Spouses often reminisce about living in base housing. They acknowledge the lack of privacy, but they also point out the great connections they built. Living in stairwells or in the close quarters of a military installation, means that the adults keep an eye on the kids, everybody knows everybody’s business, and one can’t  really “escape the busyness” of the military tempo.

Shannon remembers life on Holloman Air Base during the Vietnam War. She describes when a jeep pulled up to her quarters: “I watched from the window as they walked up to the house. They spoke to my mom for a few minutes and then mom came in. I remember holding my breath (we knew what this meant). She said, ‘I need you and your brother to go next door and stay there until I get back.’ We didn’t ask questions, we went. It wasn’t until years later that mom talked about it though. She told me that she was going to the houses of wives that were being told their husbands were not coming back. She hated the task, but she said she would be damned if those women were going to face that time alone.”

Even as times have changed, the conflicts are different, more spouses work, and life doesn’t solely revolve around the installation, military spouses still look out for one another.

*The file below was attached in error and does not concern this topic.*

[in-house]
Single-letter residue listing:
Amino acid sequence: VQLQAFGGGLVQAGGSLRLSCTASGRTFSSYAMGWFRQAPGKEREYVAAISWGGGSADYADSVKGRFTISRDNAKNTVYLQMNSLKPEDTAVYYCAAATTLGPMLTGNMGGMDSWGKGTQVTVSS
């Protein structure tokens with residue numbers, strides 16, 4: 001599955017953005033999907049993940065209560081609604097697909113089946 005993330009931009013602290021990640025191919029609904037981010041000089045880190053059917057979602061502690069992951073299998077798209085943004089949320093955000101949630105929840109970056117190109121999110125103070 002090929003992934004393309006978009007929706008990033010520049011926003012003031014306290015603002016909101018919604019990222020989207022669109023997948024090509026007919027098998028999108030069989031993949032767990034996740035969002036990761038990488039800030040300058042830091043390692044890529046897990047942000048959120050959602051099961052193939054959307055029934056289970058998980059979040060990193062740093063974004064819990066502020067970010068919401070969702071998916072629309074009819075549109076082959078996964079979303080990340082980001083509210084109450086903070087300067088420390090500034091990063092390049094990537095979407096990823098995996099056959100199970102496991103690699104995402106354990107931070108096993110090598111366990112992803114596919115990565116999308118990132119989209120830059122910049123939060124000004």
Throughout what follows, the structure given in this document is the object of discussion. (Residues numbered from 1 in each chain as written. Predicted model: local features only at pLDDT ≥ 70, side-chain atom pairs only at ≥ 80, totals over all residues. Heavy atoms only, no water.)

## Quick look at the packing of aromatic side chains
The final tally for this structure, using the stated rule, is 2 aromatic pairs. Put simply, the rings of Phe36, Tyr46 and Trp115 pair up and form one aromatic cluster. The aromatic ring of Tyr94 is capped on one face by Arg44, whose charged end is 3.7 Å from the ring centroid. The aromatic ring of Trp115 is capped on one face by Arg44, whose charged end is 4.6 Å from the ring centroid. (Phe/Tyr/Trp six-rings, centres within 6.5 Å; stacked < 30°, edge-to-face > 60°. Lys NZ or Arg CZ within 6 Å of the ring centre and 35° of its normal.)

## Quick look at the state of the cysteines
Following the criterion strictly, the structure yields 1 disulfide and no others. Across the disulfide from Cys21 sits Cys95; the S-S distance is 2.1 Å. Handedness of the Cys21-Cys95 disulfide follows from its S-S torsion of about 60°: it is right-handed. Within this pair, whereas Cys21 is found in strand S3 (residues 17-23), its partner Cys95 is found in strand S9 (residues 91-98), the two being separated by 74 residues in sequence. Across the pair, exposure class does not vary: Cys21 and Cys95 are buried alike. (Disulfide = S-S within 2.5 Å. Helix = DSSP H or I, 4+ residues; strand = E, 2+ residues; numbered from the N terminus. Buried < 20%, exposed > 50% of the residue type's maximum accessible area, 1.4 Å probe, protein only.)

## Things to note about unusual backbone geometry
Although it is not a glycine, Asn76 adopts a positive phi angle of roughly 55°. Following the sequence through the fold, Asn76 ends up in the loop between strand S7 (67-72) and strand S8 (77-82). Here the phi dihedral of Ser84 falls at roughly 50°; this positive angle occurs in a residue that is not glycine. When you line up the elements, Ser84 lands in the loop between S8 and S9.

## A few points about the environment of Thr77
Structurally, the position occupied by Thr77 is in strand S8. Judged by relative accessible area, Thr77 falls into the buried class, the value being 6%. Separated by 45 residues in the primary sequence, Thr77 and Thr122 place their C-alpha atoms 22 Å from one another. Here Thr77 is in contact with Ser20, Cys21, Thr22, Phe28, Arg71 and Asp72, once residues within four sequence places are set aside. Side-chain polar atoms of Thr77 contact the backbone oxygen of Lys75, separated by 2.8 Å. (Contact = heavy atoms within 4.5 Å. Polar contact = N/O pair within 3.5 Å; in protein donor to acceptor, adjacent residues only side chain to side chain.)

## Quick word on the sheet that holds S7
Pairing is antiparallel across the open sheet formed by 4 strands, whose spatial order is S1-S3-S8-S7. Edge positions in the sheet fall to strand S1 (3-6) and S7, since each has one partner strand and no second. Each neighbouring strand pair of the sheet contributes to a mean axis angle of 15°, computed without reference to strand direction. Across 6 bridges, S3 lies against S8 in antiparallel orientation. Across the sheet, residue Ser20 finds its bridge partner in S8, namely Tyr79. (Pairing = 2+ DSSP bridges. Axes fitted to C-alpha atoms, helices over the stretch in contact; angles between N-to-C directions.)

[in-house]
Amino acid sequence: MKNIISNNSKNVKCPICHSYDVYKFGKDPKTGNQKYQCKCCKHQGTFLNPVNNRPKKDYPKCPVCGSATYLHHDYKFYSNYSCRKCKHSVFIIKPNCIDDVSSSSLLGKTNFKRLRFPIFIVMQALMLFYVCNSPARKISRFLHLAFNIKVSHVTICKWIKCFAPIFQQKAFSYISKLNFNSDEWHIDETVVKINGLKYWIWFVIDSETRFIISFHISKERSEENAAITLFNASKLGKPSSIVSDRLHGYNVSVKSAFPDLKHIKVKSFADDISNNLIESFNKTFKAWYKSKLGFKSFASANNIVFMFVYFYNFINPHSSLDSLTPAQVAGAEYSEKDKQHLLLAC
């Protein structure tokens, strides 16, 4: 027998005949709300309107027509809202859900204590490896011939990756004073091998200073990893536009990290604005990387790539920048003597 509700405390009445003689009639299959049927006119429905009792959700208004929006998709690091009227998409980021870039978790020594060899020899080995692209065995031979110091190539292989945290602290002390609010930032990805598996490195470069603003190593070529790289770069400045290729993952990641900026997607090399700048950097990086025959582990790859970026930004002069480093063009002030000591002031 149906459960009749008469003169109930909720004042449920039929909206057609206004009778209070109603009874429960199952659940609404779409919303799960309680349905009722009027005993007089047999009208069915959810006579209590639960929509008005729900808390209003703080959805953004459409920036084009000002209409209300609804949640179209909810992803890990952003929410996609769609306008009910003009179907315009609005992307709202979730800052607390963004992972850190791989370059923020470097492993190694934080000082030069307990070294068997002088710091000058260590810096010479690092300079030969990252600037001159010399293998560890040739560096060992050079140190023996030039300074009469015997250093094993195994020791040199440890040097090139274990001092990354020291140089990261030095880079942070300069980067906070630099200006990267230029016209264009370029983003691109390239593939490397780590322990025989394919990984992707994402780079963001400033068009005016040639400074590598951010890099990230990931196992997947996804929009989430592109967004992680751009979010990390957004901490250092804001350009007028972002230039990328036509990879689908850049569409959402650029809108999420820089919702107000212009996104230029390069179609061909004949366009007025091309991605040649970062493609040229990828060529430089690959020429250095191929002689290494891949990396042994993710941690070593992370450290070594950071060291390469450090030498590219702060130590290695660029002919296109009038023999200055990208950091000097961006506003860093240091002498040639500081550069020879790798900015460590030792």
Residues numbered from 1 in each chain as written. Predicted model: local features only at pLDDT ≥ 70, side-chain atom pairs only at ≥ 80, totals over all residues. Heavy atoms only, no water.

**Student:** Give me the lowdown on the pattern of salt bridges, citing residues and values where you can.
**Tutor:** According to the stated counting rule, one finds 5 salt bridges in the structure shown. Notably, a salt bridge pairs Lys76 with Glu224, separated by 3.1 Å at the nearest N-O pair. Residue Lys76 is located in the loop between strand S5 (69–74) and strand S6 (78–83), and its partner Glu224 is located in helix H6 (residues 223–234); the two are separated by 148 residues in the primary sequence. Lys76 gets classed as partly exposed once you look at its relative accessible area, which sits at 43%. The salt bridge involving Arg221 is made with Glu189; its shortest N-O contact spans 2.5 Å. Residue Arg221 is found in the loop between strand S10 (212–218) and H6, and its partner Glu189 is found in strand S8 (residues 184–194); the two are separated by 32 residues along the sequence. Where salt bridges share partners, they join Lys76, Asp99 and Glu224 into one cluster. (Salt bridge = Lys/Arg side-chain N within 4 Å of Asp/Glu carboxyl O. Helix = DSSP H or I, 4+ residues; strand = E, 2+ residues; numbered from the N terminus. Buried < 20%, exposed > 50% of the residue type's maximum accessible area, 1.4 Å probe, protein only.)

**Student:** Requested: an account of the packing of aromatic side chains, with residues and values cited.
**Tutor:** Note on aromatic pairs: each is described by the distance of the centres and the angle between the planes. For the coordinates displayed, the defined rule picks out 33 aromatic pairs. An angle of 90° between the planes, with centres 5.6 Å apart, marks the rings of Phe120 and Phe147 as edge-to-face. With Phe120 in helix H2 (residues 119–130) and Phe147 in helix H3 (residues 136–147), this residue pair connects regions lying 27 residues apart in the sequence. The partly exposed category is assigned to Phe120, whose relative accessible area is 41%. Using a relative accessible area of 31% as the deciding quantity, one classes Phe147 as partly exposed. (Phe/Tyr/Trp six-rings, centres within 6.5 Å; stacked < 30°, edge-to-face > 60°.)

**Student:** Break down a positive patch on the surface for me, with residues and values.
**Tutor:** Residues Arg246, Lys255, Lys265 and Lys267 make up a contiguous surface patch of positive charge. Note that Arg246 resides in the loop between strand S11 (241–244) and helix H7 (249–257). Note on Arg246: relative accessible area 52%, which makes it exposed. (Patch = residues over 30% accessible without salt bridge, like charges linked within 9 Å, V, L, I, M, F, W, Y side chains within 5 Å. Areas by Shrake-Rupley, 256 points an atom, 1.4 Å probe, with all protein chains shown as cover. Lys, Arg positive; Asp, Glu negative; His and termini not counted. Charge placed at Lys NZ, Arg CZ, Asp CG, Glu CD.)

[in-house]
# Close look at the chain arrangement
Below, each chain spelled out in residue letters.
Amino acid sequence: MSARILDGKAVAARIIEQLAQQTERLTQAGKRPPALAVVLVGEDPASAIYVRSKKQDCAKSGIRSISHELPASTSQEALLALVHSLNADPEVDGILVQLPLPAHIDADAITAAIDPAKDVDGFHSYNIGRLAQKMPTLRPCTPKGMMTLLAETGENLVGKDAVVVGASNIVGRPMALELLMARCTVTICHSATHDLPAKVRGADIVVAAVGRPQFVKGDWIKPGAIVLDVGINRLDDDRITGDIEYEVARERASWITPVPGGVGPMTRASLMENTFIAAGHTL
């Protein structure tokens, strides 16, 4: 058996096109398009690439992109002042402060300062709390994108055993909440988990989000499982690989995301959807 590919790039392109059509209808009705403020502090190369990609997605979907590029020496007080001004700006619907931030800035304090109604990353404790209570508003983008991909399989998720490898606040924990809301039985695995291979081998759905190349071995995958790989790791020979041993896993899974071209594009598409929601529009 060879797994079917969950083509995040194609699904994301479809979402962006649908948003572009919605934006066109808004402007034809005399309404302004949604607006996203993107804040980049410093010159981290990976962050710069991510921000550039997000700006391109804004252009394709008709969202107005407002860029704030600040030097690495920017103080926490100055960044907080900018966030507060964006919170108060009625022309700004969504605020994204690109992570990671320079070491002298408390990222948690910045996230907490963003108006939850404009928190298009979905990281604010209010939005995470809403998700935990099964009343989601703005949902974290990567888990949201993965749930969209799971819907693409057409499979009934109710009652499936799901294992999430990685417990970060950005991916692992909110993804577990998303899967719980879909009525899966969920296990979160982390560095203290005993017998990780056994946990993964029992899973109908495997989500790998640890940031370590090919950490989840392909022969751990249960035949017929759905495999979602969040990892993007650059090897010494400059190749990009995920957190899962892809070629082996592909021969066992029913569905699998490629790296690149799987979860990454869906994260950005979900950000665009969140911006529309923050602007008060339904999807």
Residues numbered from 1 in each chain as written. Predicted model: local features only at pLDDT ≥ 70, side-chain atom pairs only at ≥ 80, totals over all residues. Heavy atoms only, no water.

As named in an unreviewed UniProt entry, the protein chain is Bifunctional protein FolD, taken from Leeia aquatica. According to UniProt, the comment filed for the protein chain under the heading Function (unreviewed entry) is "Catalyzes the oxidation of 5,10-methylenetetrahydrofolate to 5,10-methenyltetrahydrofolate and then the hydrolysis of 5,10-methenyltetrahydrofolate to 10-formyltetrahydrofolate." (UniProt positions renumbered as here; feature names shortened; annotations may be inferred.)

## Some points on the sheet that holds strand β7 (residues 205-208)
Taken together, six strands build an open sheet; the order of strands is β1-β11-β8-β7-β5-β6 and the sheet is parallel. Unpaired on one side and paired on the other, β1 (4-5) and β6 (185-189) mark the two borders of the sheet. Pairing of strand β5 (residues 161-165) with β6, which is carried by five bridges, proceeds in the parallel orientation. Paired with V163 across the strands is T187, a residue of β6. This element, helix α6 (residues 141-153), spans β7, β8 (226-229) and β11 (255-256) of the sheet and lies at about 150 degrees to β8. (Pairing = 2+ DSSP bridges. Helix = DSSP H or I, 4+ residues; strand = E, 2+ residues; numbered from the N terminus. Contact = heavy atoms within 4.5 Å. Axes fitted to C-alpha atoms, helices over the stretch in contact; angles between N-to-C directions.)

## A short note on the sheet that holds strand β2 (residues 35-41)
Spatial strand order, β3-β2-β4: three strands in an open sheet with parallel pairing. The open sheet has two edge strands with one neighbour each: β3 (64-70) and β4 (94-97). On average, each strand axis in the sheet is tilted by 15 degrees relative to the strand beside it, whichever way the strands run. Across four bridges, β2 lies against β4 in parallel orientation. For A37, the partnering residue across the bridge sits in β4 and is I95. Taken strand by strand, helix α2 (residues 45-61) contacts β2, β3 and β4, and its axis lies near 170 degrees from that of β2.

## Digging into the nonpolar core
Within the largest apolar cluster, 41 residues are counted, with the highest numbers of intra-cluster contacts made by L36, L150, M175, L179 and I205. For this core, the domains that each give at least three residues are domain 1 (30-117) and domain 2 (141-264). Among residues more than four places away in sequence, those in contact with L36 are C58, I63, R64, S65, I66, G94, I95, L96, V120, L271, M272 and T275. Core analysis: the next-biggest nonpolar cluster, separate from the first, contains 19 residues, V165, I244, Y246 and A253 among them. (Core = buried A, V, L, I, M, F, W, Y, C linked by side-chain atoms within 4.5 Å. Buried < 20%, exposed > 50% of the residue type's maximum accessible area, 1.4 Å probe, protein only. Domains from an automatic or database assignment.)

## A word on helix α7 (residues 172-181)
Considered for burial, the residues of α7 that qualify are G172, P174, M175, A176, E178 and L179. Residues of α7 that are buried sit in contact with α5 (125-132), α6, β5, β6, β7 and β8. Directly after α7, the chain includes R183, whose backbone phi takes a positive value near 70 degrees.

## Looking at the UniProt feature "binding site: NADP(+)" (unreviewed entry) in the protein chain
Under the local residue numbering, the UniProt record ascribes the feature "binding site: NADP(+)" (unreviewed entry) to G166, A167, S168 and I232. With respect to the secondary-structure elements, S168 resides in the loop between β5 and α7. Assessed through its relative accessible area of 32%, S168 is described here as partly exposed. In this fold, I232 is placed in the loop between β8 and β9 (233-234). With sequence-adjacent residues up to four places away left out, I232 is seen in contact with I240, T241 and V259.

Sometimes it’s in social media groups like on Facebook, where someone might post “We’re moving to base soon, which pediatric dentist in town do you recommend?”  

We don’t have as much face-to-face contact with our neighbors as we used to, and small social media groups can be very helpful in bringing people together, building connections, and sharing information. 

Adult brats often say that they can sense another brat, even in a crowd of strangers. Brats are drawn to each other because of their shared experiences. That happened to me just the other day at an East Mountain Regional Chamber of Commerce meeting. As I introduced myself to my table mates, the man sitting to my left mentioned he was a brat. A little later, a woman came up to me and told me she was a brat as well. Instant community!